The GOP circus

Bjorn Larsen writes from Canada:

From afar, your U.S. candidate selection process is becoming embarrassing, like reality TV but for real. It is high time that the GOP cease conducting their candidate courting process in public. The parade of candidates that are running, candidates that are thinking about running, candidates who do not think they are running but act as if they do and/or plan to—the entire exercise looks like a circus, as if selecting the final candidate in an American Idol series.

A much more rational plan would be for (1) the GOP party to establish a set of policies representing the conservative platform (I know—what a dream), (2) interview these candidates (privately and publicly) against these sets of policies, and (3) nominate the best fitting candidate.

Now it appears that whatever policies the winning candidate wants to push, become the GOP policies. I mean, how lopsided is this—are we running a popularity contest, a personality cult, or a political party?

LA replies:

The American nominating process has never worked the way you suggest, at least since the mid twentieth century, and would have to be rebuilt from the ground up in order to fit your prescriptions. The process is entirely self-starting. Various persons decide to run, then proceed to organize a campaign in order to win enough delegates in the state primaries to be nominated. By the time the national convention convenes, the nominee has already been chosen in the primaries and the convention is simply a rubber stamp. There is no body of party leaders that gets together and decides on the party’s positions and its nominee. Yes, there is a committee that writes the party platform, but the party platform has zero force. The party’s real platform consists of the positions the nominee takes, as you suggested.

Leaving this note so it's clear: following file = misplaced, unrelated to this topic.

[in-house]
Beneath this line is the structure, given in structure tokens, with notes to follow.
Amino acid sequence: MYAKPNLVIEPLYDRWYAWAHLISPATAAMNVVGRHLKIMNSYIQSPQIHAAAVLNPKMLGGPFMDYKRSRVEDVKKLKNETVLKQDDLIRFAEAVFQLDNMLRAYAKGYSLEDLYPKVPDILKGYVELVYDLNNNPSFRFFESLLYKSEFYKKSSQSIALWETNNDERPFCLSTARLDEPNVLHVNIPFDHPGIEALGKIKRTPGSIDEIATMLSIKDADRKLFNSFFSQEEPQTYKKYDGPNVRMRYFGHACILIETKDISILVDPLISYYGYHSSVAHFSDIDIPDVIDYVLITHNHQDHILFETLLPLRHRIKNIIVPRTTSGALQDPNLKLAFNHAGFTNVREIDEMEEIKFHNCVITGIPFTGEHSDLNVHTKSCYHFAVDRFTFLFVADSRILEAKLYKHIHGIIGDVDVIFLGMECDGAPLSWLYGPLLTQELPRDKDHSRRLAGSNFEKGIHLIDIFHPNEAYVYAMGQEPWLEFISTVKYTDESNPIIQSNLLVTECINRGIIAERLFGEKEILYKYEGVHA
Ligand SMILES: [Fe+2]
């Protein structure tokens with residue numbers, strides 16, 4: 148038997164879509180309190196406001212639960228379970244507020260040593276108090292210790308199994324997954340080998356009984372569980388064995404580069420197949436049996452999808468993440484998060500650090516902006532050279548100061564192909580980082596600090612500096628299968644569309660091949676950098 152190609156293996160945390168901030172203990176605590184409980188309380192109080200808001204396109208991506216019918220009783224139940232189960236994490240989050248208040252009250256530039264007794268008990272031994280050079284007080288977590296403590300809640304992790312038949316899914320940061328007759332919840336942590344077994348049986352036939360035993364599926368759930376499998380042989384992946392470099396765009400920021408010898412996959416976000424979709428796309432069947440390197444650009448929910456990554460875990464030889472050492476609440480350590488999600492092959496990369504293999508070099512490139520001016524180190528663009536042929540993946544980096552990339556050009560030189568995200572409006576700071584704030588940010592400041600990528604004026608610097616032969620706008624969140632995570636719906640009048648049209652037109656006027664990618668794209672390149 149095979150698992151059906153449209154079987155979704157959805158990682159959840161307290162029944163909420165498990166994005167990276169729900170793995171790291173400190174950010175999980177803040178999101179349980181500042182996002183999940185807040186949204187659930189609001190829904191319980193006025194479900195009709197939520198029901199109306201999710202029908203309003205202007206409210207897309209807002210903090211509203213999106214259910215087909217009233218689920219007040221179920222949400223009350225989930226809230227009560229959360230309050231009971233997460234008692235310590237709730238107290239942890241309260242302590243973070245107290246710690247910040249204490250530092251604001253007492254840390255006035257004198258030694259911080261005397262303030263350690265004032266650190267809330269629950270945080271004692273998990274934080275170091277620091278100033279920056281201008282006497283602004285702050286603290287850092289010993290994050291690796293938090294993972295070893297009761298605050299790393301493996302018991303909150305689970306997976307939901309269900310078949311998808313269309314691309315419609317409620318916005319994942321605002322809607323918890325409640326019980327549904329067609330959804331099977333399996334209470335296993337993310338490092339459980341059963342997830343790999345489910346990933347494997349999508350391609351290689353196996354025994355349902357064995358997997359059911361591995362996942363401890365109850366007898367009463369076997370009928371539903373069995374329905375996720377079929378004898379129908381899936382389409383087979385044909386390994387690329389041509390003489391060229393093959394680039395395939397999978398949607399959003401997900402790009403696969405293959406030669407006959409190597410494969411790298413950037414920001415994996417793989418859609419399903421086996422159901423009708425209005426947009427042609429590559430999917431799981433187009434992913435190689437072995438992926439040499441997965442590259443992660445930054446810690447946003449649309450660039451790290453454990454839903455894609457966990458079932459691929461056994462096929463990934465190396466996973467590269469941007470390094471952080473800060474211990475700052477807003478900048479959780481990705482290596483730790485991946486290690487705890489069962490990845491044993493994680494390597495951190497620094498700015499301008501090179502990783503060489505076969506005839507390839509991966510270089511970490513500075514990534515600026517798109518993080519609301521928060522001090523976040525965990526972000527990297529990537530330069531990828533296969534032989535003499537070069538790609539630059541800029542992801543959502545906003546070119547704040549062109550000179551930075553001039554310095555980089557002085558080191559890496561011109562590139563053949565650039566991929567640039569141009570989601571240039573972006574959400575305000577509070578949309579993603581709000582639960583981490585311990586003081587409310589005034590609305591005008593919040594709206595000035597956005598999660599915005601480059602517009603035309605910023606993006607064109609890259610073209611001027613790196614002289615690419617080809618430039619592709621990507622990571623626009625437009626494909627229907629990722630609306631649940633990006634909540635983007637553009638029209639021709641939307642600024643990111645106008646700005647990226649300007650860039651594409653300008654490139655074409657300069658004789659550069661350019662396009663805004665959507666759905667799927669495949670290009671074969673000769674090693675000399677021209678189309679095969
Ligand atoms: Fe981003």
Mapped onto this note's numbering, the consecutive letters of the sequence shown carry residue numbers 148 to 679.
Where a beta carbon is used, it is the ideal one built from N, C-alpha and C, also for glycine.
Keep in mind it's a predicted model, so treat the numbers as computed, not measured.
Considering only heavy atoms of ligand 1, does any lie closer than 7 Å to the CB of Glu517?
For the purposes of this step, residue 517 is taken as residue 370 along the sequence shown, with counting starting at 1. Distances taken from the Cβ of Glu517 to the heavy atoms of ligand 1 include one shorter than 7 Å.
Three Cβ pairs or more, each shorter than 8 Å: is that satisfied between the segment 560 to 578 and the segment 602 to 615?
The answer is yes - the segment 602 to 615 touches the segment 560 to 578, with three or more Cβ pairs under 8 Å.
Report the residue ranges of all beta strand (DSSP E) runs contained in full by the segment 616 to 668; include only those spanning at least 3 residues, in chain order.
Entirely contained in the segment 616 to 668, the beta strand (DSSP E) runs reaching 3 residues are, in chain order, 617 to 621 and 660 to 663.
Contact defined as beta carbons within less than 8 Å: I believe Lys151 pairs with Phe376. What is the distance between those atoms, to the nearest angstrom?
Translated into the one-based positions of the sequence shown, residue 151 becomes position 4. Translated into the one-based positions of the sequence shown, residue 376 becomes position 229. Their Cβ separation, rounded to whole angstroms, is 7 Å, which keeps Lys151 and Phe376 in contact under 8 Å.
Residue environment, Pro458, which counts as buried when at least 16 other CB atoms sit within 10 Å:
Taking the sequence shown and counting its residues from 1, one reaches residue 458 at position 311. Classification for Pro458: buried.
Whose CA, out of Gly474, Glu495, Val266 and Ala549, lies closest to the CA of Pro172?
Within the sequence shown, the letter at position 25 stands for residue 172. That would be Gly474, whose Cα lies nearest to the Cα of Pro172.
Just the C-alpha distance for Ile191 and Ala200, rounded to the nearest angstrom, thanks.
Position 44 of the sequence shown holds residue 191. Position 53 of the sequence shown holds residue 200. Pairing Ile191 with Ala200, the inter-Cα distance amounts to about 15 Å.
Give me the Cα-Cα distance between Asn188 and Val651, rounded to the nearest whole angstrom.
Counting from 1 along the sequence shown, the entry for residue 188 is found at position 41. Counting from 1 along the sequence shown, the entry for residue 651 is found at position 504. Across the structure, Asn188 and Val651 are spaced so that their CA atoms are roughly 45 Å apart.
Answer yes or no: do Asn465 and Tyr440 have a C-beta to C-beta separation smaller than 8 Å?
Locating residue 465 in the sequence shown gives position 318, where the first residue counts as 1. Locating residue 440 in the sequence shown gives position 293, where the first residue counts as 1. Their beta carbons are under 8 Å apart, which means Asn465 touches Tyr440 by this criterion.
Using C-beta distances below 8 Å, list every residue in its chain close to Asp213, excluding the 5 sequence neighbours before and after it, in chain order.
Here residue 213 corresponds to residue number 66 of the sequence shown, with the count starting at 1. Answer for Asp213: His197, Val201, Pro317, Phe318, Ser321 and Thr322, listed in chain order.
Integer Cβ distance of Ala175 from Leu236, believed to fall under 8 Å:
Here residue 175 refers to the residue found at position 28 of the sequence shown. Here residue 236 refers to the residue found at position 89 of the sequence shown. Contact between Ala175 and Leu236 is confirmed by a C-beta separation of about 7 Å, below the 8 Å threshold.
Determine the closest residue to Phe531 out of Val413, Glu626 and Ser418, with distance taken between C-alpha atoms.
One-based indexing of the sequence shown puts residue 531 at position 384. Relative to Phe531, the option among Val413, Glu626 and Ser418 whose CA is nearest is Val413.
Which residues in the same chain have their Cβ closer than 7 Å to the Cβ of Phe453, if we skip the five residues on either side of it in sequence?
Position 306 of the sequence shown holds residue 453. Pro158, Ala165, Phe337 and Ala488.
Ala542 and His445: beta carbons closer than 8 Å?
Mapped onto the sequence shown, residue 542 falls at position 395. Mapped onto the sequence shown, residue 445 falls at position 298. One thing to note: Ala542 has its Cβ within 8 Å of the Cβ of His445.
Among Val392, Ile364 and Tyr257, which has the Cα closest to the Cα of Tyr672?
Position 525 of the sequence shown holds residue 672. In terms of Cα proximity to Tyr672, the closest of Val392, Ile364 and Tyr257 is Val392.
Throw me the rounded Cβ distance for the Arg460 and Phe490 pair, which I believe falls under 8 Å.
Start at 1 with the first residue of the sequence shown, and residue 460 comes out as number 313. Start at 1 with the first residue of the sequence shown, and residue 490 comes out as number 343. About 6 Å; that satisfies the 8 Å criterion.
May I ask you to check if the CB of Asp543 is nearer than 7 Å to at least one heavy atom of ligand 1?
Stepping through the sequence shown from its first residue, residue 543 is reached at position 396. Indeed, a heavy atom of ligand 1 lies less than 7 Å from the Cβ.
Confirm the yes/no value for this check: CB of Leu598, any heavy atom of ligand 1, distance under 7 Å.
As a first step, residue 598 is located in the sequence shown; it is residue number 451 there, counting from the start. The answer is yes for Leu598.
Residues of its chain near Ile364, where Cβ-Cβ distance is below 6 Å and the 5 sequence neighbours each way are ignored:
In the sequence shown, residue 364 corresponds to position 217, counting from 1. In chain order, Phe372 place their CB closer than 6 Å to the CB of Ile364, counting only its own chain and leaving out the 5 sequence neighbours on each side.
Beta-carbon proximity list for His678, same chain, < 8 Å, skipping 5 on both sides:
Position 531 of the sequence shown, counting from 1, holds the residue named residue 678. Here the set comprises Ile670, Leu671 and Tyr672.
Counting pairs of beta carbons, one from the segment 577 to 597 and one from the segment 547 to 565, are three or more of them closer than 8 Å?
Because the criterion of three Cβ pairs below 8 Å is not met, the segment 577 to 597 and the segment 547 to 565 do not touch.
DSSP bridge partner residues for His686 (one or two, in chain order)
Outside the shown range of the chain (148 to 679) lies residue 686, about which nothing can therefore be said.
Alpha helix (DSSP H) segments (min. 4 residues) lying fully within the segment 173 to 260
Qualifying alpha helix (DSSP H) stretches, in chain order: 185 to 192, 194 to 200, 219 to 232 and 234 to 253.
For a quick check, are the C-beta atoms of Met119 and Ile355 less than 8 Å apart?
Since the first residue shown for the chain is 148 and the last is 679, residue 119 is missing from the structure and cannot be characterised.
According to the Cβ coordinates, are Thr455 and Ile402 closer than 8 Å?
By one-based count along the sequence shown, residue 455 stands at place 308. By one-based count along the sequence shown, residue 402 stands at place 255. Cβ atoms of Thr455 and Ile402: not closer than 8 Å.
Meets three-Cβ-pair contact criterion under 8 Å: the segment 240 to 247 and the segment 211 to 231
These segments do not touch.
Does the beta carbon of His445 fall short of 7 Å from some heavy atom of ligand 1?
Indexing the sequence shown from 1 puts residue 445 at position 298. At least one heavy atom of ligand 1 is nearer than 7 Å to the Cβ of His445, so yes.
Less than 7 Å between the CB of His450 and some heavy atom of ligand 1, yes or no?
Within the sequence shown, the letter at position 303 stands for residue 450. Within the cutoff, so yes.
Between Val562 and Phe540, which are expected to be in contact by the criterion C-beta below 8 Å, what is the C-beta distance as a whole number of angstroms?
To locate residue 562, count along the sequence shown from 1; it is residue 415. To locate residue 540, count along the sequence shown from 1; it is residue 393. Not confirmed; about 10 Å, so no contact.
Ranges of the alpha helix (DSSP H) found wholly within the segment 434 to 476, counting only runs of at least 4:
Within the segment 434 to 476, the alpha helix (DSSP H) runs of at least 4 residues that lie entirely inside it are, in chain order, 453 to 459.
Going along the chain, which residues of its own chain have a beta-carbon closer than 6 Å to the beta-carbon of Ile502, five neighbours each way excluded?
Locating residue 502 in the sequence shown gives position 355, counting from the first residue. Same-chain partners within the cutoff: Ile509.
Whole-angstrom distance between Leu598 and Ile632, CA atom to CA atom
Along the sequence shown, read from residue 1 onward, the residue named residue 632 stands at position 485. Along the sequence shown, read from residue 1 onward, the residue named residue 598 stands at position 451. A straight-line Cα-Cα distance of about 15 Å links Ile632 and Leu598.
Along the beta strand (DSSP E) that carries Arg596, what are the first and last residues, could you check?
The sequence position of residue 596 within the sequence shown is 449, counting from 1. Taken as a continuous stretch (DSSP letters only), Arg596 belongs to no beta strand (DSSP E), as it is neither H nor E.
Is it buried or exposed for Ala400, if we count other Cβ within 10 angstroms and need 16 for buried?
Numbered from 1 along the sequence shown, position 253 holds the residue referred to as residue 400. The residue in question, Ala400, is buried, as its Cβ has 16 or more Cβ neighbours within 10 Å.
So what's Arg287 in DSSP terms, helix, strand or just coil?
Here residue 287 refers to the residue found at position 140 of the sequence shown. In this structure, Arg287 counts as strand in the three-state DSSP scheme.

I have long advocated something like your idea. In 2008 I wrote:

we could dispense with party primaries, and go back to the smoke filled room. Each state would choose delegates to the nominating convention who would be free to vote as they choose. Again, under such a system, candidates would not “run” for the nomination, but the delegates, politically knowledgeable people, would choose as nominee the person they thought was best.

Not that that would be the sort of neat procedure you hope for. In the nineteenth century, party nominating conventions were circuses. It frequently took 20, 30, or 40 ballots to decide on the nominee. I don’t believe that any party convention has required more than one ballot since the mid twentieth century.

On the same subject I wrote last June:

The only way for the dream [of the party simply picking the best man] to become achievable is to dump the primary system and go back to the smoke-filled room. Which, by the way, I favor. Though given today’s healthful habits it would be the smoke-filled room without the smoke. Perhaps it could have a Designated Smoker.

Posted by Lawrence Auster at September 30, 2011 03:42 PM | Send

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